Growing up, Passover was my favorite holiday. I loved the Passover story about the Jews being saved from the evil Pharaoh in Egypt. I loved the miracle of the parting of the sea and survival crossing the desert (as a kid raised in the Arizona desert, I felt a special kinship with those early Israelites). I loved the Seder — especially the part where we dipped our fingers in the wine as we enumerated each plague. And I of course loved the food, particularly my mother’s matzo balls (sinkers, not floaters) and the red horseradish that always made me sniffle and sneeze — and which, invariably, somebody spilled on the tablecloth to leave a permanent beet juice stain.
As a child raised in a Reform Jewish family, I was taught from a young age that thinking critically (and being intellectually honest) is a core Jewish value. I was also raised not just to love the holidays, but to love Israel — and to see supporting and defending Israel against all criticism as a component of my Jewish identity.
The lesson to think critically and apply intellectual honesty guided me as I grew older and found myself re-considering my feelings about the Passover story. I recall the first time it occurred to me to be troubled by the fact it was not only Jews who were slaves and who suffered. And I remembered the first time I really thought about the fact that the Pharaoh’s soldiers who drowned when the sea ceased its parting were in their own way victims.
In the late 1990s, while living in Jerusalem and spending time in the West Bank and Gaza, I discovered first-hand a painful reality: Defending Israel against all criticism and simultaneously thinking critically and applying intellectual honesty were mutually exclusive. Over the next two years spent mainly in the West Bank and East Jerusalem, I encountered the harsh realities of occupation, settlements, abuses of human rights, racism, and discrimination. The experience shattered my illusions about Israel and in the process, fractured the foundation of my Jewish identity.
Re-building that identity was the work of years, as I wrestled with what it meant to me to be a Jew who both loves Israel and has deep concerns about its actions and policies.
Today I have no questions about my Jewish identity or what it means with respect to Israel. I am a proud Jew who unapologetically loves Israel. I am also a Jew who out of love of Israel refuses to stand by passively — either out of anger, indifference, or exhaustion — and allow extremists to hijack this amazing nation and its future. In the same way today I love Passover, but differently than I did as a child.
Both my sense of self as a Jew and my love for Israel are far more complex and mature than they were when I was child, but they are also far more profound. The credit for this goes, in large part, to Peace Now and Americans for Peace Now. Working actively for Israeli-Palestinian and Israeli-Arab peace has enabled me to see and embrace all that is good in Israel.
Israel is an amazing nation — full of energy, creativity, innovation, a good dose of chutzpah, and most important for me, home to patriotic citizens who refuse to stop fighting for Israel’s future. Like me, they are fighting for a progressive, democratic, tolerant Israel. It is in the company of such Israelis — my colleagues in the Israeli Peace Now movement — that I have witnessed not only the most troubling things, but also the most inspiring. Their courage humbles me. Their commitment drives my own.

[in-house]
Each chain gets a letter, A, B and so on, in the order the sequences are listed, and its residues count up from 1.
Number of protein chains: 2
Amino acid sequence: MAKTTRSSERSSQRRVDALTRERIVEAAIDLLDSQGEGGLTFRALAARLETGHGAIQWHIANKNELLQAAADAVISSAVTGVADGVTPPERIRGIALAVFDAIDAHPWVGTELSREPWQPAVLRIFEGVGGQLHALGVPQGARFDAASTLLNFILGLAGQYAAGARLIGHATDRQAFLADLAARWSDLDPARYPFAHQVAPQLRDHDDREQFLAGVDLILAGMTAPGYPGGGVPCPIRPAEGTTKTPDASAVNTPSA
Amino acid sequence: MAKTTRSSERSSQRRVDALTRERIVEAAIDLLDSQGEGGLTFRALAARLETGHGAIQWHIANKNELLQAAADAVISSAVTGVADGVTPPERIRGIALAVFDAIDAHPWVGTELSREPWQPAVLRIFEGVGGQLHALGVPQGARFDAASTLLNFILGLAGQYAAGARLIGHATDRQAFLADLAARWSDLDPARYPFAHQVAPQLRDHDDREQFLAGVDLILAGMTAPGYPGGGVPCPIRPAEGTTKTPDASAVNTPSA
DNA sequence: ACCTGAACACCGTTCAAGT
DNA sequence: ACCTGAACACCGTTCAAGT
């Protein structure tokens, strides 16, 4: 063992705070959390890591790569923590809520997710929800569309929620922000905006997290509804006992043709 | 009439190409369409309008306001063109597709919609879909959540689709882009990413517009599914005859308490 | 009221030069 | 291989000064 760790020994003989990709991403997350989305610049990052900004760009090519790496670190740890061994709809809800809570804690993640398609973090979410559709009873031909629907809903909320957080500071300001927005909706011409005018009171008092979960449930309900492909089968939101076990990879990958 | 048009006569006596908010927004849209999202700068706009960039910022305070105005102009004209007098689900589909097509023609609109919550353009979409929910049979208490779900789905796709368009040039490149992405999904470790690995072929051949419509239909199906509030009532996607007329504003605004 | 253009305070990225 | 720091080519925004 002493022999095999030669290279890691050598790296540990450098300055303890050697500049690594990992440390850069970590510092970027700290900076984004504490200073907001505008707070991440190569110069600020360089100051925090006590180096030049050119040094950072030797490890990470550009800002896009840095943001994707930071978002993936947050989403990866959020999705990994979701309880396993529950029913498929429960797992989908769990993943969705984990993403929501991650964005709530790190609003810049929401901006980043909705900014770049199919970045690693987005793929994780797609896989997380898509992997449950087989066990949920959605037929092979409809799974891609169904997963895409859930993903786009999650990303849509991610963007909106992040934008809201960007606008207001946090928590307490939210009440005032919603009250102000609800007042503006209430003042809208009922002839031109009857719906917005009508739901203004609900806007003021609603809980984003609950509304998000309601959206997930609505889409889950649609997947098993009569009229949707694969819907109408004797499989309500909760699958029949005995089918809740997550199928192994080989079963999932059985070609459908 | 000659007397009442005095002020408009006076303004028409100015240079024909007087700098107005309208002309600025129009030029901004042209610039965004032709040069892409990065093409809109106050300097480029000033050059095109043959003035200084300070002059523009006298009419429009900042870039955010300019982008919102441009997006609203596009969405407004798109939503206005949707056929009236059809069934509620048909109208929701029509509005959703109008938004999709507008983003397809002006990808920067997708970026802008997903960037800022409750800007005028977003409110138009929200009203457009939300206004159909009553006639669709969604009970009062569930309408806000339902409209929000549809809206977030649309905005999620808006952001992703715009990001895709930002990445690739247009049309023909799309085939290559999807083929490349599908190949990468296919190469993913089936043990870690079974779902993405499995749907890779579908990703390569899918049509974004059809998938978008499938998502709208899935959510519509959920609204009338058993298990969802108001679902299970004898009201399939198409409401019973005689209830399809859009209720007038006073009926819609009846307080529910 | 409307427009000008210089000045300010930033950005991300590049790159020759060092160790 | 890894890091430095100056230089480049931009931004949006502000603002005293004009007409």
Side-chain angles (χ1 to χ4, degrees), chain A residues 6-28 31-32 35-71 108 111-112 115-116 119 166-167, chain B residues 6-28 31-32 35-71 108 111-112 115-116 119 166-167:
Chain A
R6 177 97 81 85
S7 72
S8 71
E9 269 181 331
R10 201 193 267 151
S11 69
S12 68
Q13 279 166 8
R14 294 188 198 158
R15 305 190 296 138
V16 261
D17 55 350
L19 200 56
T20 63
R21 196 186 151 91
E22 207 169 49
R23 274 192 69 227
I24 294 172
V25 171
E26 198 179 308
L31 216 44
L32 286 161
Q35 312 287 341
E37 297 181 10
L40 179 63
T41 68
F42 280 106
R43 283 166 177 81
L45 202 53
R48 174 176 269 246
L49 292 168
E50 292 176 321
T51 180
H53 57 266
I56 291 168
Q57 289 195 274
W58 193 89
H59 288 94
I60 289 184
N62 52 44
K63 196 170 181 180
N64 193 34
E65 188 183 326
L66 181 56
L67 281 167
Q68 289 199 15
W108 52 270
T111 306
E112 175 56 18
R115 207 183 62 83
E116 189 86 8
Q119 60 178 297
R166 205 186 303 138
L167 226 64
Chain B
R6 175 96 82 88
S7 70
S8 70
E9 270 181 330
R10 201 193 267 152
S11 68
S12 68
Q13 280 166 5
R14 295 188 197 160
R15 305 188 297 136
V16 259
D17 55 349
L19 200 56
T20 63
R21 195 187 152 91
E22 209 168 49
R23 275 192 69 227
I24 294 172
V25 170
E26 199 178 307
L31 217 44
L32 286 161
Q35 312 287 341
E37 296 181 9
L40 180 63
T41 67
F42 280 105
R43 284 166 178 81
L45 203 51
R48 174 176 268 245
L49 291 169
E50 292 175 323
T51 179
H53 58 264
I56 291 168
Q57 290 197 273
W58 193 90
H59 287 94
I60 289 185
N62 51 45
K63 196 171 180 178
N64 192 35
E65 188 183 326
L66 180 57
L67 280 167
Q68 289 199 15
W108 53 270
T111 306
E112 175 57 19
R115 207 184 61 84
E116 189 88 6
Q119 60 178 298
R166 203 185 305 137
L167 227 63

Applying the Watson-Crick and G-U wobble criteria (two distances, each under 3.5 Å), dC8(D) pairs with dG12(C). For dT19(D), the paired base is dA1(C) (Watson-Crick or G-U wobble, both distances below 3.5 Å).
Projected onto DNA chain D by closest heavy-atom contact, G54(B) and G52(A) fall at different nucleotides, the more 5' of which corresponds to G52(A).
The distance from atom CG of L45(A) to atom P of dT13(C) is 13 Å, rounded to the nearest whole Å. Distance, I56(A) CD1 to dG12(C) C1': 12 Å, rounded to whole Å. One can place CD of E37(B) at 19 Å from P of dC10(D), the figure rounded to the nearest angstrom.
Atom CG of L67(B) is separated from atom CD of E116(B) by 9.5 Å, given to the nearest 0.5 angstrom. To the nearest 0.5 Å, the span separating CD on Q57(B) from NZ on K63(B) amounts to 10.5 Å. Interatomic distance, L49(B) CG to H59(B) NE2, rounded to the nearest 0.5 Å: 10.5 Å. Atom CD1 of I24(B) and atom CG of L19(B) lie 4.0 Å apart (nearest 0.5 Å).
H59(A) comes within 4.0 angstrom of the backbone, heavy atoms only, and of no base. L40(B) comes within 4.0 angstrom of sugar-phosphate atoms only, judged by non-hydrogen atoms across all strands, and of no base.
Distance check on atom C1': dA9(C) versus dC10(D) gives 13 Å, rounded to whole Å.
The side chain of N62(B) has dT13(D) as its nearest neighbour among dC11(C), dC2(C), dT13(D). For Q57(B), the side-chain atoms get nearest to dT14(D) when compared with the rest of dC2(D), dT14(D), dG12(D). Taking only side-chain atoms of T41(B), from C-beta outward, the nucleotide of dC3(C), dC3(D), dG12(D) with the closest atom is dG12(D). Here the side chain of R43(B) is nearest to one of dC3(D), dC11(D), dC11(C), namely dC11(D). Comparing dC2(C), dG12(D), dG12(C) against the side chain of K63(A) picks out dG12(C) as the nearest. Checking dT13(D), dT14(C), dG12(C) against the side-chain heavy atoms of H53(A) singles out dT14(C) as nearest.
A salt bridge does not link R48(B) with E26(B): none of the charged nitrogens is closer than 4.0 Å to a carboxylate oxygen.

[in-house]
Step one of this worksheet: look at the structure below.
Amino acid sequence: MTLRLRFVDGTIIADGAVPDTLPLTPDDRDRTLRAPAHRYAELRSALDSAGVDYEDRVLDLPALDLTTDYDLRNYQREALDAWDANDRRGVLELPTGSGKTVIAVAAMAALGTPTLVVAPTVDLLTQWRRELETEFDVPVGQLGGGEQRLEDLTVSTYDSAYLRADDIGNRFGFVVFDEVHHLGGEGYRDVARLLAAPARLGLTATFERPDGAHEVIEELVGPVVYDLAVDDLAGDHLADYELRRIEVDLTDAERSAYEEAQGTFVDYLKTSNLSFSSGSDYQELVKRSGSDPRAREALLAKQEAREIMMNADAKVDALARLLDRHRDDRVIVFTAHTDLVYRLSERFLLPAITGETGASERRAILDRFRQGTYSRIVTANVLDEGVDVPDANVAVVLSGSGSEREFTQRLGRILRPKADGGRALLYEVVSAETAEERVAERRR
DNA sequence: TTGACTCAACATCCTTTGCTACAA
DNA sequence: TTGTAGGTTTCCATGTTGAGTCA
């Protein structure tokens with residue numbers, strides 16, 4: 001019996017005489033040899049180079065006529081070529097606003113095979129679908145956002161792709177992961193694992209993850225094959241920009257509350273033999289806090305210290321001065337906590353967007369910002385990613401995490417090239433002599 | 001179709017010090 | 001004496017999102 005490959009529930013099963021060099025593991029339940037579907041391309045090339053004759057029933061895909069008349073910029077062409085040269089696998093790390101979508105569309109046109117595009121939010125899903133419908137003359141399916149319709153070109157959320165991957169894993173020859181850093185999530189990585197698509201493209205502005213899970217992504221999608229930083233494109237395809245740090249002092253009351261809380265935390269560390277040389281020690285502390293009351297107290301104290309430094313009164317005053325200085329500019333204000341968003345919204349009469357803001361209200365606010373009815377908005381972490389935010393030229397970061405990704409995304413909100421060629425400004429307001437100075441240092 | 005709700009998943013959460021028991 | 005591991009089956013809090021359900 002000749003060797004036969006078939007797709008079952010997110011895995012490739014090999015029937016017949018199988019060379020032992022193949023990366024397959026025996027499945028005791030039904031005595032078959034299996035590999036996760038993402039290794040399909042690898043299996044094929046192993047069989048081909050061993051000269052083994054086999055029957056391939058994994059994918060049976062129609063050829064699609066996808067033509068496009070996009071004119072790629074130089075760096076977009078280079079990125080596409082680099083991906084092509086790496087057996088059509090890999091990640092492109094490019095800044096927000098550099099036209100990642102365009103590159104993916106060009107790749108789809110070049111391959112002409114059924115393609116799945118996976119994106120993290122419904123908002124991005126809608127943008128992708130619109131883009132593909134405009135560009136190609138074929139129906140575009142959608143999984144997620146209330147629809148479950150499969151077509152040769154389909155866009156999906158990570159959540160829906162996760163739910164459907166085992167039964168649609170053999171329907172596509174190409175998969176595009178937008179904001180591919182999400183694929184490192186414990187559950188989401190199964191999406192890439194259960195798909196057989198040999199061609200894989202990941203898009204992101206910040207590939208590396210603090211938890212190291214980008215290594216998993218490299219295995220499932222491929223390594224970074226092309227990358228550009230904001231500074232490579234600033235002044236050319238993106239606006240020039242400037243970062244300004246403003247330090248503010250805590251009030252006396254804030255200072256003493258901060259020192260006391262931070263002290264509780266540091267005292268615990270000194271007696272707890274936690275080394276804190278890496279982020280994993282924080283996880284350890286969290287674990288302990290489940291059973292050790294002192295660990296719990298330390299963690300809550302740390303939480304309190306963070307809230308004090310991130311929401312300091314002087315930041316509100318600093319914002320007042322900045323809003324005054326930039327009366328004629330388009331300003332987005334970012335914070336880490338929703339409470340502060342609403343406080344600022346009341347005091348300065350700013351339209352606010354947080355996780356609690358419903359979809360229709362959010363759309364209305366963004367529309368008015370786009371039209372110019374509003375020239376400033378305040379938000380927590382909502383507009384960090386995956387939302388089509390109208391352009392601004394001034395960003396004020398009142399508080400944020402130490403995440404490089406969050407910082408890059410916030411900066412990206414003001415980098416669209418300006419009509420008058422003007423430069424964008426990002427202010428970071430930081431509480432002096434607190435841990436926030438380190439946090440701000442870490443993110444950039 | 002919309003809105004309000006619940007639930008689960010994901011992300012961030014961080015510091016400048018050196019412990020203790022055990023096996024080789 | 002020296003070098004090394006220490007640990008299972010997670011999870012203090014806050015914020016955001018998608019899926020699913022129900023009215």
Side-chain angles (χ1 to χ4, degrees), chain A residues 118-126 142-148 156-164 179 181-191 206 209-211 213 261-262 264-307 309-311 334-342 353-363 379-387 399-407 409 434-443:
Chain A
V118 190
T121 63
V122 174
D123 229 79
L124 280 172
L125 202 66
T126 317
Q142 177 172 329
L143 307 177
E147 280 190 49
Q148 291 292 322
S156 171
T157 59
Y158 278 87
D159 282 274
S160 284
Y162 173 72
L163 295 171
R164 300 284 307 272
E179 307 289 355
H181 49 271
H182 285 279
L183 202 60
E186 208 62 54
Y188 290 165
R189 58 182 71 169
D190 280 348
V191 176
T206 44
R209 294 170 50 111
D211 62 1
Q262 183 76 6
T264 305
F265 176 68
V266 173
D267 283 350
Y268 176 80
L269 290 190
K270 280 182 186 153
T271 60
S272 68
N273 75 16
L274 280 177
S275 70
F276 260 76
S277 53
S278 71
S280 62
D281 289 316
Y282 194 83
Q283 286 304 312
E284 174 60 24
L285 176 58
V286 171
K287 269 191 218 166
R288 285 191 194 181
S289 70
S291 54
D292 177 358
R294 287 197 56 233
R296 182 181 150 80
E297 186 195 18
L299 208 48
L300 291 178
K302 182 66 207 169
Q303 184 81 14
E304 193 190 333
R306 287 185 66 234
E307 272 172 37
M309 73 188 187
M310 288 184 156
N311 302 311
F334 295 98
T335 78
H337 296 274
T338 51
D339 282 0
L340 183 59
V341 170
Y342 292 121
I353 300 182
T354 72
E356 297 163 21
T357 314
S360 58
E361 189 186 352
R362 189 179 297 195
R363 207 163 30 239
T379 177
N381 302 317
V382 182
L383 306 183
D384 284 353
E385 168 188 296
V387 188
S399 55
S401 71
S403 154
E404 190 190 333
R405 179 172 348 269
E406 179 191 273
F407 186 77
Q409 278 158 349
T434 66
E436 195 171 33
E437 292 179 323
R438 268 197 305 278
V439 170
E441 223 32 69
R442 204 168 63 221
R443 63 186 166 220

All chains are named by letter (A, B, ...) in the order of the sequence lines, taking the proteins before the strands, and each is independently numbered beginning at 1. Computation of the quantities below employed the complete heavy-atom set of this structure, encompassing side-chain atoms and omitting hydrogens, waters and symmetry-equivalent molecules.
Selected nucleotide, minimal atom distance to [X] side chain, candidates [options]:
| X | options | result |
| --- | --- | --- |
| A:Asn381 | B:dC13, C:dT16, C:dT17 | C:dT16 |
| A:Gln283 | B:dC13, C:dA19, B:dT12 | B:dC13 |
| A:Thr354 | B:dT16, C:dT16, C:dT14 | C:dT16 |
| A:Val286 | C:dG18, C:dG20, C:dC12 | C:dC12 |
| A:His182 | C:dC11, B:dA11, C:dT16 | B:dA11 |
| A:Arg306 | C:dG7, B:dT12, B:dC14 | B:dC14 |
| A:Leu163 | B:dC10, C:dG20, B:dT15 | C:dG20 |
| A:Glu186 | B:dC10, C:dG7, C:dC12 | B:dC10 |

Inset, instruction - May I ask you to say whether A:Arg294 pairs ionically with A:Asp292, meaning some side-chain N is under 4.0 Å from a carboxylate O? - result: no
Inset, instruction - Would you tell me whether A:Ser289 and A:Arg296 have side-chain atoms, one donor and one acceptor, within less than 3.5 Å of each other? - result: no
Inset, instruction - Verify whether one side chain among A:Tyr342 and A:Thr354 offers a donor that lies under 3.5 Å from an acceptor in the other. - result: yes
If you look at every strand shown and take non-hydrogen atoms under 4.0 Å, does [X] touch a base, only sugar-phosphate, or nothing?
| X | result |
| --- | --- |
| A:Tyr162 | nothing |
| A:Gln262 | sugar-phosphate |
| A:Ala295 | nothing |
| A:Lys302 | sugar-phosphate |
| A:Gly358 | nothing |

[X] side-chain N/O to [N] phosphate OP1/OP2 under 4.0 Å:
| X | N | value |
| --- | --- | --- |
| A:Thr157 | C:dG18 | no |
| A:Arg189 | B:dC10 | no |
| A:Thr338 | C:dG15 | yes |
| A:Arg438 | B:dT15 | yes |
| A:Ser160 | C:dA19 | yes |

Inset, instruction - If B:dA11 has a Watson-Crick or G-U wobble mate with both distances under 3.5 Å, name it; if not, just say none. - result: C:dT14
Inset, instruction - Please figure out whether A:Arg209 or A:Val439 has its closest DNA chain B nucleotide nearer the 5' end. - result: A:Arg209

Our work at APN, and Peace Now’s work in Israel, can and does make a difference. Back in the 1980s and 1990s, Peace Now and APN were lonely voices making the case for peace — taking what were then radioactive positions like supporting the creation of a Palestinian state in the West Bank and Gaza Strip and supporting two capitals in Jerusalem. Today, these and other APN positions —- including our view that the occupation and settlements are anathema to Israel’s security, its international standing, its economic health, and the health of its society — are widely embraced in Israel and around the world. Today, the two-state solution has become accepted as the consensus, reasonable approach to ending this conflict. Today, these positions are embraced by Israeli national security leaders like all six living former leaders of the Shin Bet, who spoke out candidly in the Oscar-nominated film The Gatekeepers. Indeed, today, when Israeli national security leaders like them talk about the Palestinians and Israel’s best interests — or people like former Israeli Prime Minister Ehud Olmert or Tzippi Livni — many incredulously comment that they sound like Peace Now.
To be sure, some people — both in Israel and the U.S. — say they support two-states, but they don’t seem to mean it. For them, negotiations seem to just be cover to keep building settlements, perhaps in the hopes that soon the two-state solution will be dead. Others seem to believe that there can be an agreement based on a Palestinian “state” that is geographically Balkanized, with no connection to East Jerusalem and no real sovereignty. This doesn’t pass the political laugh test, let alone the test of being politically and economically viable.